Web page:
Lemma 1. Let τ be the holding time of the network, the length of time that the network remains in its current state before changing to the next state. Then τ is an exponentially distributed random variable and the parameter of the distribution is the sum of the individual node transition rates, i.e., i=1Nri.

Lemma 2. The probability that the next node in the network to change state will be node i is ri/j=1Nrj.

Lemmas 1 and 2 describe how the network probabilistically evolves from one state to another. They are the basis of continuous-time stochastic simulation methods such as the well-known Gillespie algorithm, also known as the stochastic simulation algorithm or kinetic Monte Carlo [55–58]. Such simulations are often referred to as event-based simulations because the time intervals are not fixed but rather correspond to the time between consecutive state-changes in the system. At each step in such algorithms, time advances by an amount τ and node i changes its state, where τ and i are random numbers drawn according to Lemmas 1 and 2 (Fig. 1). Stochastic simulations give the opportunity to construct p(y,t) empirically by running multiple realizations of the stochastic process and aggregating over an ensemble of realizations. Such simulations are statistically exact as they are fully based on Lemmas 1 and 2, which are derived without approximation from the axioms of the Markov process.

Schematics of both (a) the Gillespie algorithm and (b) the synchronous updating scheme. Vertical ticks on the t axis indicate the moments through which the simulation advances—in synchronous updating the interval between these moments is a fixed time step with value Δt while in the Gillespie algorithm the interval is a random variable τ given by Lemma 1. The light green and dark red circles are nodes in the network, which are in the susceptible and infected states, respectively. A square around a node means that the node has been chosen for updating at a certain moment and may change its state. In the Gillespie algorithm a node is chosen according to Lemma 2 and will always change its state while in the synchronous updating scheme every node has the chance to change state and will do so with a probability that depends on their state and the states of their nearest neighbors.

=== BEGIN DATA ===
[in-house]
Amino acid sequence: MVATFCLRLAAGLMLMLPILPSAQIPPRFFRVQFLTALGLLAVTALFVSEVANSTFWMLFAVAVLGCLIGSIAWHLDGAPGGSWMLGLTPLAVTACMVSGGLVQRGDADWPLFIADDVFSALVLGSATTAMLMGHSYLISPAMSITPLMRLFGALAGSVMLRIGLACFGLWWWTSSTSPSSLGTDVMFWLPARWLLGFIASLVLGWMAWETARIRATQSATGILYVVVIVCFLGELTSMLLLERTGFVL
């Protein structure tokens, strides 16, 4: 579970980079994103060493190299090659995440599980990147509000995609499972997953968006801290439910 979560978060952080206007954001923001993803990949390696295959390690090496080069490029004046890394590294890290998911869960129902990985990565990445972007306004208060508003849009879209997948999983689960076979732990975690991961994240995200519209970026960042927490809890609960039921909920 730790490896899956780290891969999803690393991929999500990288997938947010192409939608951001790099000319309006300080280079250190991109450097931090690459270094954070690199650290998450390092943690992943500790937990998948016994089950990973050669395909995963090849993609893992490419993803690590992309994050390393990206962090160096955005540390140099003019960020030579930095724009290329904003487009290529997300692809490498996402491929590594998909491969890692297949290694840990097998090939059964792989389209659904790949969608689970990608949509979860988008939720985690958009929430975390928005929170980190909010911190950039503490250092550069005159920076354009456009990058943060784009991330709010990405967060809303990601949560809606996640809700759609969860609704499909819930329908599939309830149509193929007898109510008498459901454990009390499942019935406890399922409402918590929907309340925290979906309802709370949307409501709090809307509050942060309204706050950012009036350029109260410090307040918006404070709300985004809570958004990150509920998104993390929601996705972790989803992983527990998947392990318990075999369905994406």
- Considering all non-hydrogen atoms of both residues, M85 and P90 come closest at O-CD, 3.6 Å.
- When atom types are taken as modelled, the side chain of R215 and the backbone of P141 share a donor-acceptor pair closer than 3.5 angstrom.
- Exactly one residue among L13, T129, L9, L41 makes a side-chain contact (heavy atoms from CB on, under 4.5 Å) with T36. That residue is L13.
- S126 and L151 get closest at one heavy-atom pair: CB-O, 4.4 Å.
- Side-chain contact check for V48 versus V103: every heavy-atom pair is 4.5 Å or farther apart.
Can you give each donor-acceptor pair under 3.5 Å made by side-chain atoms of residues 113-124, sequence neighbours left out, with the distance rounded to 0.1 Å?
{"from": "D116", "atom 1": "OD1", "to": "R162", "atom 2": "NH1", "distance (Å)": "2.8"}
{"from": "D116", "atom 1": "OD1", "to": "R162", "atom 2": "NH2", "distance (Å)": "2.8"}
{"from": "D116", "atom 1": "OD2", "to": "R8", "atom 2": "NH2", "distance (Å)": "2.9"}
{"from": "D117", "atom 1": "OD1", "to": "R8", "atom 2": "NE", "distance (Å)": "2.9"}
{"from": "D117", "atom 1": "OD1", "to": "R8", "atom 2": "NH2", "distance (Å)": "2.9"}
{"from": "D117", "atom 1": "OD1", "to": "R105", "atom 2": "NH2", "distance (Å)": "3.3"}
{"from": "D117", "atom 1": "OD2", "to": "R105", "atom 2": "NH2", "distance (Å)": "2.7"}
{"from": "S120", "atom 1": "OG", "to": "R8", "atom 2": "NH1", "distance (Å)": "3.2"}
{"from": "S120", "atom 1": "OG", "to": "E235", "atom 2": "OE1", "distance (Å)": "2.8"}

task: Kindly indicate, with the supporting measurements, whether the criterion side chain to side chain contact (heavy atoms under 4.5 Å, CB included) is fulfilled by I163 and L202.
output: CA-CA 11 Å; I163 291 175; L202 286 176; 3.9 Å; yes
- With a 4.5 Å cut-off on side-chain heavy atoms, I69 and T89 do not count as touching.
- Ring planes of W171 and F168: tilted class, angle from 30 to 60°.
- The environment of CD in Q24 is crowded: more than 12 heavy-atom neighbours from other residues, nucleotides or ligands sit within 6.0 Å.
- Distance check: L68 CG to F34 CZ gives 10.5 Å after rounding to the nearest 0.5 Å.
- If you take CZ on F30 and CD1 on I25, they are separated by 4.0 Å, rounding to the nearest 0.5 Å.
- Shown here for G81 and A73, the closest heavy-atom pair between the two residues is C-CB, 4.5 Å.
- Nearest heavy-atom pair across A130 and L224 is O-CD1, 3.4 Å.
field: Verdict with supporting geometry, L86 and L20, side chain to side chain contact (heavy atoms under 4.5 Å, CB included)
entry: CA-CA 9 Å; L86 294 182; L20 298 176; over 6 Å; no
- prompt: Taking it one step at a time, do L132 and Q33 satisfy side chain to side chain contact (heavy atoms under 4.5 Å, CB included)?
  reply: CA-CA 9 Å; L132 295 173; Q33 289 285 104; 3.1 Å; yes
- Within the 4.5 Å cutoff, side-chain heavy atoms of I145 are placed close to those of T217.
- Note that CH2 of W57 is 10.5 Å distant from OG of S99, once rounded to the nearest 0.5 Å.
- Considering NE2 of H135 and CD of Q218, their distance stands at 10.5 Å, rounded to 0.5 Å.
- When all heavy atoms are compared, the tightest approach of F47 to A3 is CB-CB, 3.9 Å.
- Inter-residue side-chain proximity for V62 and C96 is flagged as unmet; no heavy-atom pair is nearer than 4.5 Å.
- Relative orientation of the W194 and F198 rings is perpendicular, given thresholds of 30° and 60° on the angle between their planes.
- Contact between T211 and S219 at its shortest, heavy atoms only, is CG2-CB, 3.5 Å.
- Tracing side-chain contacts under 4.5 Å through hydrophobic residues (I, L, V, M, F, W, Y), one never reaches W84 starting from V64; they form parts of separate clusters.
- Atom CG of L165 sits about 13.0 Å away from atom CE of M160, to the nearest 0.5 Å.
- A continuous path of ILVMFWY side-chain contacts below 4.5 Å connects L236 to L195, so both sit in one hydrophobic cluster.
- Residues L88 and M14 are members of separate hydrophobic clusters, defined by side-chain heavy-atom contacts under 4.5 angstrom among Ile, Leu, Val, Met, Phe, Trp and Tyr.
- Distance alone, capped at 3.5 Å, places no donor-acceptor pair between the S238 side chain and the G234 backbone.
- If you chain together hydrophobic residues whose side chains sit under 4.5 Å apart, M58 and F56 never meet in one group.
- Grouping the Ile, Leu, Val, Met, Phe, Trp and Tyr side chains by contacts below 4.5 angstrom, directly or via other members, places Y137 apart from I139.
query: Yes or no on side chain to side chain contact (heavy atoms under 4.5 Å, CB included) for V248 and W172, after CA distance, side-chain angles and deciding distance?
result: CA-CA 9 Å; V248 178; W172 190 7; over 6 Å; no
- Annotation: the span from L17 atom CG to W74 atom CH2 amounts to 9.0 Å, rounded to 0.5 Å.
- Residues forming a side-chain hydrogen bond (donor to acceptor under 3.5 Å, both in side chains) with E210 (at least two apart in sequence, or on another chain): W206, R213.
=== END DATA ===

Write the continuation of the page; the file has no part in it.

FIG. 1.
Schematics of both (a) the Gillespie algorithm and (b) the synchronous updating scheme. Vertical ticks on the t axis indicate the moments through which the simulation advances—in synchronous updating the interval between these moments is a fixed time step with value Δt while in the Gillespie algorithm the interval is a random variable τ given by Lemma 1. The light green and dark red circles are nodes in the network, which are in the susceptible and infected states, respectively. A square around a node means that the node has been chosen for updating at a certain moment and may change its state. In the Gillespie algorithm a node is chosen according to Lemma 2 and will always change its state while in the synchronous updating scheme every node has the chance to change state and will do so with a probability that depends on their state and the states of their nearest neighbors.

B.. Discrete-time approach

In a discrete-time framework, time is no longer treated as a continuous variable but rather takes the form of a discrete variable, which advances in time intervals of length Δt. Instantaneous transition rates are replaced by transition probabilities. In a single time interval, susceptible nodes become infected through their infected neighbors with probability β~=βΔt per infected neighbor, while infected nodes recover with probability μ~=μΔt. Note that Δt is often assumed to take the value Δt=1, but even in this case it should be included in the expression for β~ and μ~ to clarify that a rate needs to be multiplied by a time step before it can be expressed as a probability.

The discretization of time in this manner leads to two deviations from the continuous-time process. These deviations arise through both the transition probabilities, which are used in place of transition rates, as well as the parallel (synchronous) state changes in discrete-time systems that are uncharacteristic of continuous-time dynamics. To understand the roots of the deviations introduced through the transition probabilities we can examine the definitions of μ and β as rates given in Eqs. (1) and (2). These equations can be rearranged to give transition probabilities in terms of these rates, i.e.,